The radical changes in today’s cultural institutions inevitably affect the architecture of these institutions. Libraries are no longer about books, art museums are not primarily about art, and Joshua Dachs, a prominent theater planning-and-design consultant, has recently questioned the need to ever build more theaters.
Many dramatic buildings have contributed to the success of the institutions they house, an outstanding example being, of course, the Guggenheim Bilbao by Gehry Partners, visited by over a million people a year since it opened two decades ago. But now a beautiful building is no longer enough: innovative programming geared to our evolving societies has become crucial. Financing operations, too, are critical.
Indeed, even the value of costly buildings is far from certain. The cancellations last year of the Metropolitan Museum’s new wing for Modern and Contemporary art by David Chipperfield and of the New York Philharmonic’s David Geffen Hall renovation, after a competition won by Heatherwick Studio and Diamond Schmitt, raise serious questions.
Consider the new ways in which the public is visiting cultural institutions. The National Endowment for the Arts recently revealed that 73 percent of Americans who visit art museums are doing so first and foremost to meet a friend or family member, and only secondarily to visit the art. According to the research of La Placa Cohen, a strategic-marketing firm, in the 21st century, the very notion of what culture is has been expanded to include street fairs and food and drink experiences.
An example of this new emphasis is the Tate Modern’s Switch House wing, completed in 2016 in London. It is 60 percent bigger than the original building, but 40 percent of the space in the Herzog & de Meuron addition is consigned not to the exhibition of art (in this building, exclusively performance art) but to cafés, theaters, and other areas for social interaction. The Museum of Modern Art’s current renovation and expansion by Diller Scofidio + Renfro follows a similar trajectory, adding 25 percent more public space, a new store, and an espresso bar, and only 30 percent more exhibition space.
Performance venues face a similar issue: programming that will attract younger audiences is more critical to long-term success than a striking new building. And, again, financial support for ongoing operations goes hand-in-hand with programming. The League of American Orchestras reports that attendance at performances of classical music, which declined from 2000 to 2014, is now on an upswing in both the U.S. and Europe. Ideas about programming must be reconceived to retain these new audiences, with their changed patterns of behavior; museums and libraries are in fact ahead of performance venues in this regard. The need for adequate funding of programming and maintenance—so often not considered carefully until it is too late—is a prime lesson of my book Chaos and Culture: RPBW and the Stavros Niarchos Foundation Cultural Center in Athens, published last May.
The entire $860 million cost of the new opera house, national library, and park in Athens, designed by Renzo Piano Building Workshop, with the landscape by Deborah Nevins, was assumed by the Niarchos Foundation. But the debt-strapped Greek government was unable to honor its commitment to pay for running the center. Fortunately, the foundation stepped in with a $50 million grant over five years, to prevent a shutdown.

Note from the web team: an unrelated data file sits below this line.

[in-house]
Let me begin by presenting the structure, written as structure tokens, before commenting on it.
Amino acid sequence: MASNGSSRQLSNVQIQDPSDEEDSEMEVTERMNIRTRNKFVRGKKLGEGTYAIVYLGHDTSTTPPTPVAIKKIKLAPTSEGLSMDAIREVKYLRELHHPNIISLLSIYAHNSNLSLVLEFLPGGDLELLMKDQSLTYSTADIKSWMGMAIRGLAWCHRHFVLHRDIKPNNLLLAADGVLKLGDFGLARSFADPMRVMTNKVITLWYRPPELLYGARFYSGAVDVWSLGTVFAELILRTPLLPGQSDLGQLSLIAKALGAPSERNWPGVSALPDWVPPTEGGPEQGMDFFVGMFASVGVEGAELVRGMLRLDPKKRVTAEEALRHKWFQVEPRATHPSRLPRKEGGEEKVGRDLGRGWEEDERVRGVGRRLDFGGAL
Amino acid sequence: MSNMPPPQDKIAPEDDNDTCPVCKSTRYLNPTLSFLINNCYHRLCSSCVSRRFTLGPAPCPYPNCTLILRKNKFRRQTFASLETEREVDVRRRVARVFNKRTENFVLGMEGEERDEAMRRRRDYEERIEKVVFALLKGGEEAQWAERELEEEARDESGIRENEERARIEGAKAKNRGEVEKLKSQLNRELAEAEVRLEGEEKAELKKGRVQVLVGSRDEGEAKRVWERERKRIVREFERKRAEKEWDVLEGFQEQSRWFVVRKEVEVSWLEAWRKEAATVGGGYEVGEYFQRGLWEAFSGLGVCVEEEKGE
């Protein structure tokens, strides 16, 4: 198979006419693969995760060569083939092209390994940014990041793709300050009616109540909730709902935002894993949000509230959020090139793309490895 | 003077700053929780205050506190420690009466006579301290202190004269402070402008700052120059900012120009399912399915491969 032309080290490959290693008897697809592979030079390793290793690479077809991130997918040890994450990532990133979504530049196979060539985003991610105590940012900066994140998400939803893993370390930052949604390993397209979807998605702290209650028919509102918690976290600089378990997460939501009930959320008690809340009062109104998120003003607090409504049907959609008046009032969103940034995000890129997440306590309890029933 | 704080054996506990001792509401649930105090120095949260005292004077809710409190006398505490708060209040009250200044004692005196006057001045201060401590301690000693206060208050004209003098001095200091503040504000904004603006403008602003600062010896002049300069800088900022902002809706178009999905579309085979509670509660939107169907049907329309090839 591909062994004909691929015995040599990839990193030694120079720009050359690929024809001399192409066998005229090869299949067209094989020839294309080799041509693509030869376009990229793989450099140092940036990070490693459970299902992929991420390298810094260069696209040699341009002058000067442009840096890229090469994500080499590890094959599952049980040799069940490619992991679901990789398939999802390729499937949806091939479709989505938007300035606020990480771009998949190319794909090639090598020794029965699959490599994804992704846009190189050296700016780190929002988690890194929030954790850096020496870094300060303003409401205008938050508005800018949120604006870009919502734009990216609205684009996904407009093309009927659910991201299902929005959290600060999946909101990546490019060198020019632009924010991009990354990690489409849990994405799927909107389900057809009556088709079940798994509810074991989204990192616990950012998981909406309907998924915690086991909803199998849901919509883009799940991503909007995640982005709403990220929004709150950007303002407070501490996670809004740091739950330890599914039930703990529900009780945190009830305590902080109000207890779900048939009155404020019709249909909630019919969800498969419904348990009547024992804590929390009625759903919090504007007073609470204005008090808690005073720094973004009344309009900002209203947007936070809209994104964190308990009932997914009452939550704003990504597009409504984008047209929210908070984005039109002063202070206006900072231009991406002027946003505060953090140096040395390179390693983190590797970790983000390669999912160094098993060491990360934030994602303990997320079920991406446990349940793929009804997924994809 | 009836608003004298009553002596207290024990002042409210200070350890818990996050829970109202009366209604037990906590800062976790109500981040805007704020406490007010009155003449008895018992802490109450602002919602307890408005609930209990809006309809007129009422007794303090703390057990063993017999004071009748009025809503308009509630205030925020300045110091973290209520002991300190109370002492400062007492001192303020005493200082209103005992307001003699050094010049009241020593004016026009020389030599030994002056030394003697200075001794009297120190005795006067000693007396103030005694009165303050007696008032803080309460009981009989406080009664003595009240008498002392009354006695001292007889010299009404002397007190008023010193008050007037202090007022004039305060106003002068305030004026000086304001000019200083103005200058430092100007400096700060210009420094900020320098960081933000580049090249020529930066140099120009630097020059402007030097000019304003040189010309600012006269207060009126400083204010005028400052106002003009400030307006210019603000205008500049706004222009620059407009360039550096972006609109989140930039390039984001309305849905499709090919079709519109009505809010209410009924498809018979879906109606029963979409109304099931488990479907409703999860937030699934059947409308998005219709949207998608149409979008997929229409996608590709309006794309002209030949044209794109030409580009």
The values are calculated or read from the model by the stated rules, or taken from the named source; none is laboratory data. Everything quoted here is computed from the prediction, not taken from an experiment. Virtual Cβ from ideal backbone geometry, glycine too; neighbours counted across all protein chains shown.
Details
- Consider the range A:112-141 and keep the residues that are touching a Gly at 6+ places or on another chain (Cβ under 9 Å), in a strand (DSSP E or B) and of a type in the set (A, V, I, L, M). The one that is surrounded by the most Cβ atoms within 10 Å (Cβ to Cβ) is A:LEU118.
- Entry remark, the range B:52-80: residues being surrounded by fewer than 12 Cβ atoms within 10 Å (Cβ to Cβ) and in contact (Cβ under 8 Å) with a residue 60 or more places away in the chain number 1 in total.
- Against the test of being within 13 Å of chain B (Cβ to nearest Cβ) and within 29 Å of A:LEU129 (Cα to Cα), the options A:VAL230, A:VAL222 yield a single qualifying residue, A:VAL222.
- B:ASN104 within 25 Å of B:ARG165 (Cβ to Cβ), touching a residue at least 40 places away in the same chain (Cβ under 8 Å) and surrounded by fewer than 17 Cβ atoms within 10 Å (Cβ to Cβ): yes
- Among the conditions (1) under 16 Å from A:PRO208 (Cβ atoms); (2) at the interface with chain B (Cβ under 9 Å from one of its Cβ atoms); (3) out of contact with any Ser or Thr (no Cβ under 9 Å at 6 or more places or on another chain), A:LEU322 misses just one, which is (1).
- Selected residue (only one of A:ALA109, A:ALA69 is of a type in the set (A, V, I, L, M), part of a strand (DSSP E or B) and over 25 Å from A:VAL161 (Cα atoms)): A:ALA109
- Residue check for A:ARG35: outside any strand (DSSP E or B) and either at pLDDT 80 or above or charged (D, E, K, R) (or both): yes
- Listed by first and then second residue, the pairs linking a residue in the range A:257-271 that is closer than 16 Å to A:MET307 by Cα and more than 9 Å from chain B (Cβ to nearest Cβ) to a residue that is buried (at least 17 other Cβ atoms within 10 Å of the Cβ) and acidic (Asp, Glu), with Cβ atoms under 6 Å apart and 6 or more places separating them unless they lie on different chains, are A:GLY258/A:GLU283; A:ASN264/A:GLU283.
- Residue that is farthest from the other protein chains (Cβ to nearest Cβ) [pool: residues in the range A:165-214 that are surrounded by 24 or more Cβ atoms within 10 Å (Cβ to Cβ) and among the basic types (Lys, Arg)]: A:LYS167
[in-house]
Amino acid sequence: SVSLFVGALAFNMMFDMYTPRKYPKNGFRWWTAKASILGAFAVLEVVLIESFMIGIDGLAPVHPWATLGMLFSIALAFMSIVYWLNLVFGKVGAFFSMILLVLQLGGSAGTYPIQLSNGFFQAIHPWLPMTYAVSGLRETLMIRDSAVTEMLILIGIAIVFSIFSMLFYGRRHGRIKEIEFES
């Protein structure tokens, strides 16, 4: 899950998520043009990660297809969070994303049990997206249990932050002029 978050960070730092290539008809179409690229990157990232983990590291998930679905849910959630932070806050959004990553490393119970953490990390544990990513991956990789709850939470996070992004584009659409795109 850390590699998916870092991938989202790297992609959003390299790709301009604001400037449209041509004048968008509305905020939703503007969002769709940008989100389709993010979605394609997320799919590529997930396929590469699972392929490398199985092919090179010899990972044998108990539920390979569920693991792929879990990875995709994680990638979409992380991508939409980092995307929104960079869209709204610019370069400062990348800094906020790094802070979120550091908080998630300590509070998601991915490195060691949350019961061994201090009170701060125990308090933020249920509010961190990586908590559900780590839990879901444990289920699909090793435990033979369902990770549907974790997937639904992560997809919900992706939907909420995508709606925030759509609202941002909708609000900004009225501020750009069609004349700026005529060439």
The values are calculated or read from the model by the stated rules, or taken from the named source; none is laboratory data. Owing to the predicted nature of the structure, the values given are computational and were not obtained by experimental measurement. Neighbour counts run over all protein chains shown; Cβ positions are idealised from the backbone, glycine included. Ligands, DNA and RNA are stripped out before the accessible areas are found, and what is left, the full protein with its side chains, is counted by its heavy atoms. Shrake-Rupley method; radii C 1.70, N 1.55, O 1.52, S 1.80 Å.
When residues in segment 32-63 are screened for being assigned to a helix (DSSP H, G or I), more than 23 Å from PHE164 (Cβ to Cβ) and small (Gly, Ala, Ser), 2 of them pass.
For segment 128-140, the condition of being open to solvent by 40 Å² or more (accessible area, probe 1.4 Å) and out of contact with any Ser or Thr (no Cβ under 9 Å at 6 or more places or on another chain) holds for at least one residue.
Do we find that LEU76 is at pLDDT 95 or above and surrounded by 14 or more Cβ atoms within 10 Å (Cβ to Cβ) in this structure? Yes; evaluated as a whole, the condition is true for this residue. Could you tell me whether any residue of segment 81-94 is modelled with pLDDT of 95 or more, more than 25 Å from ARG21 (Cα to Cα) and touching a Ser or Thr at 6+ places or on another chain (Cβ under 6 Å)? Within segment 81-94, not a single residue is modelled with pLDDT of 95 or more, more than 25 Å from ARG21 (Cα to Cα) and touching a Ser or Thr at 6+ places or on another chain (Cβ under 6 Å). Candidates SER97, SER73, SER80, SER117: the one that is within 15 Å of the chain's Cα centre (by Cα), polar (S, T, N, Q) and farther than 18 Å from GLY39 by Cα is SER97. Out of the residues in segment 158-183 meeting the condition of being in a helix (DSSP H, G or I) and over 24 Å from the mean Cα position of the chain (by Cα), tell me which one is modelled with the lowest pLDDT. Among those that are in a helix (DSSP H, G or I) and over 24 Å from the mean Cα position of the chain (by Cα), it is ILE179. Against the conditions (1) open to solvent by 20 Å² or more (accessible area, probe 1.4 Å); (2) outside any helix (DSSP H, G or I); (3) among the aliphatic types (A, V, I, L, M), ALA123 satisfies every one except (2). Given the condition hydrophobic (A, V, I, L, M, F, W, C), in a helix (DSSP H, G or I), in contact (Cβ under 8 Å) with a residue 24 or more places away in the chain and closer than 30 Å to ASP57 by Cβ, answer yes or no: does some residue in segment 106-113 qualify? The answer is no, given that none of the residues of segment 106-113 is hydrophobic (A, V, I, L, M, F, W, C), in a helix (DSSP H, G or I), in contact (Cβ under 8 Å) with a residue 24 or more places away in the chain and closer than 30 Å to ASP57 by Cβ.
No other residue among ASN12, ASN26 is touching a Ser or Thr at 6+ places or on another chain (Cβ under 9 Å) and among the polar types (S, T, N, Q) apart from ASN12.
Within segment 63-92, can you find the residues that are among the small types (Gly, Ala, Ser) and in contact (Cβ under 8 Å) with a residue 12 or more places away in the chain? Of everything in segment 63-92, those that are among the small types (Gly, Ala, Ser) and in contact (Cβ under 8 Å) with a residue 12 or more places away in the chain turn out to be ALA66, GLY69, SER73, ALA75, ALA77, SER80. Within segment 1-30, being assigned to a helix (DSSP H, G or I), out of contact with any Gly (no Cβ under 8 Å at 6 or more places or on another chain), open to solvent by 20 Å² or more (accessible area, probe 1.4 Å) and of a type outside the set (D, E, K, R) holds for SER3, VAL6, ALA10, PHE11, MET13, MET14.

Not every cultural institution is so lucky. A national study asserts that between 1998 and 2004, $24 billion was spent in the U.S. on the construction of cultural buildings, many of whose futures became uncertain because of crippling operating deficits. Among these were the Kimmel Center for the Performing Arts in Philadelphia, by Rafael Viñoly (from its opening in 2001 until 2011, it incurred an annual debt of $14.5 million), and the Adrienne Arsht Center in Miami, by Pelli Clark Pelli (where deficits of $600,000–$700,000 in 2010 and 2011 indicated a need for ongoing government support). The Winspear Opera House by Foster + Partners in Dallas closed its first season, 2009–10, $1.5 million in the red, and they are still struggling.
The Frank Gehry–designed New World Symphony Concert Hall in Miami Beach presents an alternate picture. Many concerts at the 765-seat venue are briefer than the norm, are scheduled at off hours, and include visual projections. Free “wallcasts” present live concert screenings on the exterior, with surround-sound acoustics in the specially designed park by West 8, to increase the audience size by an average of 2,000 people. The hall’s finances are healthy, with annual subsidies, ticket sales, and a modest dip into the endowment.
Established institutions are making other changes in order to compete with smaller, more intimate venues that offer less costly tickets. One of these is National Sawdust in Brooklyn, a 150-seat artist-led concert center designed by Bureau V; another is the experimental performing space Soundbox in San Francisco. Large auditoriums are being built in unexpected locations, such as the Paris Philharmonie in the outlying northeast of Paris, by Jean Nouvel; La Seine Musicale, by Shigeru Ban, on an island in the Seine at the opposite end of the city; or the Niarchos cultural center, 2 miles from the center of Athens.
Even in Europe, where, until recently, local and federal governments assumed the cost of building and running cultural institutions, there are surprises. Since its 2008 inauguration, Snøhetta’s stunning Oslo Opera House has enjoyed tremendous popular success, both as a performance space and a destination for outdoor strolls on its gently sloping roof overlooking the waterfront. But higher than anticipated maintenance costs for the building, compounded by the federal government’s unexpected imposition of bigger pensions for performers, tore through the company’s balance sheet.